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Photo Credit: Peter Pioppo

Michael Laiskonis
LE BERNARDIN
155 W 51st St
New York, NY 10019
(212) 554-1515

Recipe »

Interview:
Antoinette Bruno: What is your philosophy on pastry?
Michael Laiskonis: I just want to make people happy. I’m continually learning new ways of doing this using texture to bridge the gap between science and artistry. I think the curiosity comes from my savory side.

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Michael Laiskonis
LE BERNARDIN | New York


Biography

Michael Laiskonis excels in revitalizing classic desserts by experimenting with contrasting textures, temperatures, and unexpected ingredients in a quest for new flavor sensations. When he was young, Laiskonis was always interested in both science and art; contemporary desserts are a blend of both and, to his mind, they also have an architectural appeal.

A native of Michigan, Laiskonis initially trained in visual arts at Wayne State University and, without a formal culinary degree, started baking professionally while a college student working in a friend’s bakery. While there, he logged 16 hours a day turning out all their breads, cakes, pastries and savories. He moved on to serve as Pastry Chef and Sous Chef under Rick Halberg at Emily’s in Northville, Michigan, before going to work at the critically acclaimed Tribute in 1997. At Tribute he started as a line cook before assuming the role of Pastry Chef, a position he held for five years until coming to Le Bernardin in 2004. Laiskonis’ training and work experience – divided between the pastry and savory realms – is a primary influence in his culinary approach.

Now in New York at Le Bernardin, 33-year-old Laiskonis has found an ideal venue where he can express his interests in the arts, architecture and science through the alchemy of his innovative dessert-making. Executive Chef and Co-Owner Eric Ripert says of his Executive Pastry Chef, “Michael’s sensibilities perfectly complement the Le Bernardin style of light, inventive, elegant food.”

In addition to being named a Rising Star by StarChefs.com, Laiskonis is the recipient of Bon Appétit magazine’s 2004 American Food & Entertaining Award and was twice named one of the “10 Best Pastry Chefs in America” (2002, 2003) by Pastry Art and Design. In 2005, he contributed to Le Bernardin’s four-star review by Frank Bruni in The New York Times.

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Interview Cont'd
AB: Do you recommend culinary training to young cooks?
ML: Absolutely! I couldn’t afford it unfortunately, and I’m very jealous of people who are able to go to culinary school.

AB: Which of the restaurants you’ve worked in as a pastry chef have been the most influential?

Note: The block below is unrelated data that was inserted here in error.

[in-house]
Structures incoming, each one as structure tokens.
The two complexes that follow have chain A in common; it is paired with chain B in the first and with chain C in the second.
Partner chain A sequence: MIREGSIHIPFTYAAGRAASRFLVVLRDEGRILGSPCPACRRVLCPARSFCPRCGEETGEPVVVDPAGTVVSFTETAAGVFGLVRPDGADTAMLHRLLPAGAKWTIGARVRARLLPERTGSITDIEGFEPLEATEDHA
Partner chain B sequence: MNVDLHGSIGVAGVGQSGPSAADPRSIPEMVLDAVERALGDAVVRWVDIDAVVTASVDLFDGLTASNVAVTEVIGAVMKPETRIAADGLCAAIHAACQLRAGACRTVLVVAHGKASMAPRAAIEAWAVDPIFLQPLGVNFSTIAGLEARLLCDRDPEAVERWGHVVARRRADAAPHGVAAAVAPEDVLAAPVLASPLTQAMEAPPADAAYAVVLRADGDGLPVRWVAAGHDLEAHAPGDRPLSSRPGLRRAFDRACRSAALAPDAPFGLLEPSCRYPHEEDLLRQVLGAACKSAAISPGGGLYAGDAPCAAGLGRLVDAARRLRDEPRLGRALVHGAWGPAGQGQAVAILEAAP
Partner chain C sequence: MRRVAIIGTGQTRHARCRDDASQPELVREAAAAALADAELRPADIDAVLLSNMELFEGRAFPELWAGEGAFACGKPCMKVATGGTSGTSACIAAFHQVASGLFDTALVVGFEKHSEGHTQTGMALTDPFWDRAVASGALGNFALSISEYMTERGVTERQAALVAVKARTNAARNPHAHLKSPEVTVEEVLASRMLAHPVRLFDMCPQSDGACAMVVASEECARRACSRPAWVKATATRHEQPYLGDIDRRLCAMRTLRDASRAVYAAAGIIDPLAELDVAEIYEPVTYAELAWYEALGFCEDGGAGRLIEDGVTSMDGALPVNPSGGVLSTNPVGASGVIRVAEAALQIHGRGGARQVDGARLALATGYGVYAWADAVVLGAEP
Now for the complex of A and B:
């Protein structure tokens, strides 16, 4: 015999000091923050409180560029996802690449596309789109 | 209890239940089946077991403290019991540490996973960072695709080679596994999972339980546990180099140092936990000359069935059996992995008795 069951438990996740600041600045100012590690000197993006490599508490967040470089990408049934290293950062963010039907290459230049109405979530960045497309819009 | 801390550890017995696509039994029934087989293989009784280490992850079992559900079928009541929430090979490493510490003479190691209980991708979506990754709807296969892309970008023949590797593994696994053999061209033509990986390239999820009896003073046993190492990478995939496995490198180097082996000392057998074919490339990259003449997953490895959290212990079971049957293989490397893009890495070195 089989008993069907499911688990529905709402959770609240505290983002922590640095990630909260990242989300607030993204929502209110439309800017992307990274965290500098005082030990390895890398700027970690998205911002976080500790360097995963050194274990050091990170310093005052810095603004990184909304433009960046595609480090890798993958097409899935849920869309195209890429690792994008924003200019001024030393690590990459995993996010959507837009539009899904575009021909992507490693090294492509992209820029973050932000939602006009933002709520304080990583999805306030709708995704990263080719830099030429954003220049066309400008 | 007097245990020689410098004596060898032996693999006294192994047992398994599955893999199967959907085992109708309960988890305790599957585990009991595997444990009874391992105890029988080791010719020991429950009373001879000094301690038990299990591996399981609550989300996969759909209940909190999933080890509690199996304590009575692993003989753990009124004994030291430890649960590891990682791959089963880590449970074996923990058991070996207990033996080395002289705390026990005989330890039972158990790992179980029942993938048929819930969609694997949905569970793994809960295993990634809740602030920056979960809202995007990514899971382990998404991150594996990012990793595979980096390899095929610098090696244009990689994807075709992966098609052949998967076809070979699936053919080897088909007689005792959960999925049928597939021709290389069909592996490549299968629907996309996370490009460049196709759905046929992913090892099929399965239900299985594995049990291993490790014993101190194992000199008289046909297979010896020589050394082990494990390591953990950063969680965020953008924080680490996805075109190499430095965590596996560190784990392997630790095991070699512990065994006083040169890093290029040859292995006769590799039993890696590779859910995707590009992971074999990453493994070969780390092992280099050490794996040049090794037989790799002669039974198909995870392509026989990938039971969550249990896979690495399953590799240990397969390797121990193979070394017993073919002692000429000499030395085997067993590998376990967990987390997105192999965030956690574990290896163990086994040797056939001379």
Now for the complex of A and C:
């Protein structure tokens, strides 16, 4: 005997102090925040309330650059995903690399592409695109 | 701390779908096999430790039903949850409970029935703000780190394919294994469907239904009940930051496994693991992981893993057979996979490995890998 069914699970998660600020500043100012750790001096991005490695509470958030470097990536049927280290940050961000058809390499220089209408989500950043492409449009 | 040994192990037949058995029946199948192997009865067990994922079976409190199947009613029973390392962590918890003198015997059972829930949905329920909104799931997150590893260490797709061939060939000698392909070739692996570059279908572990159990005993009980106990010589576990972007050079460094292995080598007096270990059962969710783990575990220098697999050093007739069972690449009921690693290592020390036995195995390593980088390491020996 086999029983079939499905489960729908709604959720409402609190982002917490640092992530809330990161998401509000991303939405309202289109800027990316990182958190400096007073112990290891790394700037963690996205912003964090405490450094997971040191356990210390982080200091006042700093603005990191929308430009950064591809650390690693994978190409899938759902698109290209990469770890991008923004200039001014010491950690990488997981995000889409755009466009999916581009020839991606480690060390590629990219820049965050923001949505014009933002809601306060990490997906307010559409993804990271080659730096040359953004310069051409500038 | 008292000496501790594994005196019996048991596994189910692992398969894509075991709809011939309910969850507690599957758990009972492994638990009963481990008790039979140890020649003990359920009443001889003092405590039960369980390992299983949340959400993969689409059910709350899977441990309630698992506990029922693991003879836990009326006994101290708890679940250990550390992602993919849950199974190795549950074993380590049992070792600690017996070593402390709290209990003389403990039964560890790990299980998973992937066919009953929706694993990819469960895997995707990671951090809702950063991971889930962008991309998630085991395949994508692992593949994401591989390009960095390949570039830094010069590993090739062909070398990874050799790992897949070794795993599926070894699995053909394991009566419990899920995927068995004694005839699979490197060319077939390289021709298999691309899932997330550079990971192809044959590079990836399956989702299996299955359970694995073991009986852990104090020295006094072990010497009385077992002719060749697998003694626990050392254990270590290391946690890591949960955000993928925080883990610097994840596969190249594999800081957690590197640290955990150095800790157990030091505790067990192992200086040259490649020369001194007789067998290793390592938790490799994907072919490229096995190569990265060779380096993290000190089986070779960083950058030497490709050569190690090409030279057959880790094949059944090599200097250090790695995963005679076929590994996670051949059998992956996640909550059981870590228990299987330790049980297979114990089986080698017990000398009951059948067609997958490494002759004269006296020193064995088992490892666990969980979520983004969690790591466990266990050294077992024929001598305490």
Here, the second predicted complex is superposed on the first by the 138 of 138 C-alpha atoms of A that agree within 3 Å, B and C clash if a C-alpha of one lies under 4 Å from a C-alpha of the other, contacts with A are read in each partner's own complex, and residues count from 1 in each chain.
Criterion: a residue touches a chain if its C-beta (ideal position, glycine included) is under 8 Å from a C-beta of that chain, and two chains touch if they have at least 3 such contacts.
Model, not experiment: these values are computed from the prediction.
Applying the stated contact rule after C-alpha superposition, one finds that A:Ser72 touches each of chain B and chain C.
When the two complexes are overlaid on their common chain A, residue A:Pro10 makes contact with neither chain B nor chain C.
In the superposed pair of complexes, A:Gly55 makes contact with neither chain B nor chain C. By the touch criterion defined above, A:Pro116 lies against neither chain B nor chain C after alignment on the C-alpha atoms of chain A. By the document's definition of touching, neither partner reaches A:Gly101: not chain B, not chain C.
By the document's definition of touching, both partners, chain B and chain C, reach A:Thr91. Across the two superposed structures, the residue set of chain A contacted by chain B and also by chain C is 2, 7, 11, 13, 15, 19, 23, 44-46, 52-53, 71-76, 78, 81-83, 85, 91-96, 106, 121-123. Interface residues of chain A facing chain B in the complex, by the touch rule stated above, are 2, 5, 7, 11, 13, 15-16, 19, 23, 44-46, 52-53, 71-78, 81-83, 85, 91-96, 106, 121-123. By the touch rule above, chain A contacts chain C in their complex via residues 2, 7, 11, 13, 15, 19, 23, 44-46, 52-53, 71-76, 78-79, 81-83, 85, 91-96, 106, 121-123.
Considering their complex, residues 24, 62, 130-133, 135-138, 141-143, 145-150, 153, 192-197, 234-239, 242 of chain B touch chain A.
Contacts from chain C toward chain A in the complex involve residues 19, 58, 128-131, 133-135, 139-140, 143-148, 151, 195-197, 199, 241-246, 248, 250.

ML: Emily’s was the first formative experience for me, a very low-tech, single oven kitchen with only three feet of counter space. But it was at Tribute’s amazing culinary la-la land that I really found my voice.

AB: What pastry tool can’t you live without?
ML: I love my egg topper, which I use to remove the tops of eggs in one clean cut. When I first bought it, I didn’t know exactly what I was going to do with it. But I was inspired by Alain Passard’s famous egg dish at Arpege and loved the contrast between the warm yolk and the cold crème. I knew then that I wanted to use my egg topper for my crème brulees.

AB: What are your top three tips for dessert success?
ML:

    1. Taste as much as possible.
    2. Be inquisitive and always experiment
    3. Learn how to work well with other people so you can be a good manager

AB: Who is your pastry hero?
ML: Pierre Herme really led the current generation of haute patissiers. But the underexposed Philippe Conticini is another of my heroes and has published some excellent, inspiring pastry books.

AB: What are your favorite desserts?
ML: I really enjoy eating a classic combination of fruit and chocolate. Sometimes the simplest desserts can be the most comforting. For example, at Chez Panisse in Berkeley, I had a bowl of unpeeled tangerines and dates that was just perfect. I do enjoy more complex desserts every now and then, but usually I tend to go for the simpler ones..

AB: What trends do you see emerging in the pastry arts?
ML: I think there will be a continued emphasis on ingredients, with pastry chefs becoming more of a part of the green market movement. I am interested to see how, further down the line, this will translate to fine dining.

AB: Where do you see yourself in 5 years? And in 10 years?
ML: My original goal was to get to New York. I had no idea I’d enter at the top, but here I am! I am interested in working in retail pastry, or perhaps opening a dessert only restaurant. Lately, I’ve also been thinking about trying my hand at teaching.

 

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  • New York Rising Stars Why They Shine


  •    Published: September 2006

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